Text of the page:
Deaf culture

Deaf Culture: Volunteering at a Deaf Festival (Humor/Inclusivity)

A couple of weeks ago, I volunteered at a Deaf festival. I was put in charge of the kid’s area. Think coloring, simple games and some arts and crafts. I chased balls, I colored in teddy bears, I said goodbye to balls I’d never find again underneath dusty bleachers and I handed out prizes. Mostly, I listened to what the kids had to say–either through signing or verbally. You learn a lot about kids, just by being present.

Towards the end of the day, I started cutting kids off on candy to ensure they still had their teeth at age 20 (and that I still had my sanity at lunch.).  Shortly after, the concept of sharing came up…repeatedly. (I really believe kids have a tendency to hoard resources sometimes). At another point in the day, the Saint cut off a Lord of the Flies scenario from emerging with an older group of boys competing at our cornhole station. To top it off, one of the festival booths handed out Frisbees as their giveaway. Hooray. We were indoors, mind you, with hundreds of people milling about. And most of them were focused on signing. What could possibly go wrong?*

At one point an interpreter came up to me and inquired about the Deaf Kid’s Club banner we had proudly hanging up behind our area. The interpreter and I made small talk inbetween me plucking out blue and green crayons for the kid’s masterpieces. The interpreter said something that made my volunteer experience all the more vivid:

“There’s not a lot of opportunities for Deaf kids to get out and play and socialize. This is really wonderful, what you’re doing.”

Something inside of me twinged. It’s 2018, lady. Are you kidding me?

Humans seem to have a hard time with inclusivity. When kid’s aren’t included in society, I think it’s even more painful in some ways. Some of the kids at the festival were CODAS (or KODAS–Children/Kids of Deaf Adults), along with HOH (hard of hearing) and Deaf kids, too. They were cute, most were polite, some were…moody. Most of all, they were KIDS.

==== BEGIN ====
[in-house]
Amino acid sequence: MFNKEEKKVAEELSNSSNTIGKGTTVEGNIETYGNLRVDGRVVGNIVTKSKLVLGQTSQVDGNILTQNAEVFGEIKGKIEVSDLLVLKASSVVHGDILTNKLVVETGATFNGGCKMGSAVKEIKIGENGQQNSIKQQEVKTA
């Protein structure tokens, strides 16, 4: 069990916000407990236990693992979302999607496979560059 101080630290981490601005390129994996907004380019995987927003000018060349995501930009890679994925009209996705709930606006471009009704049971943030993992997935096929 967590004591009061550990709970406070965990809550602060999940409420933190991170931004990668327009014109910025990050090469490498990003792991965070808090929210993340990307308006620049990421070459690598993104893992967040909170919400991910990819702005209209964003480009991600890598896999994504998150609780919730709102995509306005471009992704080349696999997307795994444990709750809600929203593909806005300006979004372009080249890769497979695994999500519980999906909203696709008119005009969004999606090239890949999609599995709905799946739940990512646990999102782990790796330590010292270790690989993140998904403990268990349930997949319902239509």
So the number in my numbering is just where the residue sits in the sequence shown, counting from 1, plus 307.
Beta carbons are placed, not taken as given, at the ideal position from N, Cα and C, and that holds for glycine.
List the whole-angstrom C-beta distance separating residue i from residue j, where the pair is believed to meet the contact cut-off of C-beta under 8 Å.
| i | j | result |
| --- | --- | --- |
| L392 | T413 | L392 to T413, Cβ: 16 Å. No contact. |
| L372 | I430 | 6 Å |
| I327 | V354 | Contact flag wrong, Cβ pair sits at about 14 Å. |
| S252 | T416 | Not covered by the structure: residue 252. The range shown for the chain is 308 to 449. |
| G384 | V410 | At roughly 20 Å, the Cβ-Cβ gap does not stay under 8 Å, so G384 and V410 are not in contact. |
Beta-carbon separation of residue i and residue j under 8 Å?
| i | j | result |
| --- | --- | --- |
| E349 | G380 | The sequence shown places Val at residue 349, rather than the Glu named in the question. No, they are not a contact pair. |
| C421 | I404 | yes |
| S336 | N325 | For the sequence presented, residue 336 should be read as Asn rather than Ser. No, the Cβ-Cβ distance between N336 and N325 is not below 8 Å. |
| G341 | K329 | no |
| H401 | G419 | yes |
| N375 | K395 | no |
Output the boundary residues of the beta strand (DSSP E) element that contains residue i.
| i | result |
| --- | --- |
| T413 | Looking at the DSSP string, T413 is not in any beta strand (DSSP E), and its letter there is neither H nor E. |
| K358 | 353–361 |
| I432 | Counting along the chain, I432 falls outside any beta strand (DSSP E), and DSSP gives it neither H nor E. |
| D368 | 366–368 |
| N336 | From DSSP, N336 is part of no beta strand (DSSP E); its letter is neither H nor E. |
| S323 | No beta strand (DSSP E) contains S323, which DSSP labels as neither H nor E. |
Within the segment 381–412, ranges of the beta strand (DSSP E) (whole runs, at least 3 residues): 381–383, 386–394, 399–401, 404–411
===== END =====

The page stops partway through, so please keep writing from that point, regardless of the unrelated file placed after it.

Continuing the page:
Do me a favor. Learn some ASL–American Sign Language. Learn how to say hello, how are you, etc. (If you’re from a country other than America, learn your country’s sign language).  It means a lot to Deaf people, just for a hearing person to try to communicate. It’s okay if you make mistakes and feel awkward. If you can’t sign, you can also type text out on a cellphone screen, write on a piece of paper, or mime whatever you’re trying to say. If an interpreter’s around, Deaf culture dictates that you look at the Deaf person. All but ignore the interpreter. The Deaf person is the one speaking to you, only just through the interpreter.

Special Books for Special Kids (or SBSK) is a great YouTube channel that interviews children and adults with a wide spectrum of disabilities or other differences.** I’ve learned so much and have been humbled and encouraged at every turn. I highly recommend it. It interviews the parents of the kids, too, and what they wish other people would do when they see or interact with their children.

Please include people. Don’t dismiss others–especially children–because of their differences. It’s okay to be Deaf, HOH or a CODA. It’s alright not to be able to hear or to have a parent who can’t hear. Going further, it’s also okay to have a missing limb, to have a mental illness, or to have a disfigurement. It’s okay to speak with an accent, to have a different skin color, or to have a respirator. Whatever difference we have–however we got it, and however we deal with it,–we are still PEOPLE. And people need people.

Thanks for reading. Pass the yellow crayon, would you?

*The kids kicked the Frisbees across the cement floor instead, inventing a hybrid game of curling, soccer and frisbee in one. You can only smile at their cleverness. And cringe.

**In general, the Deaf Community does not consider deafness a disability. Other groups may not like the label, either. It’s something to keep in mind.

Song: “The Humming“, Enya

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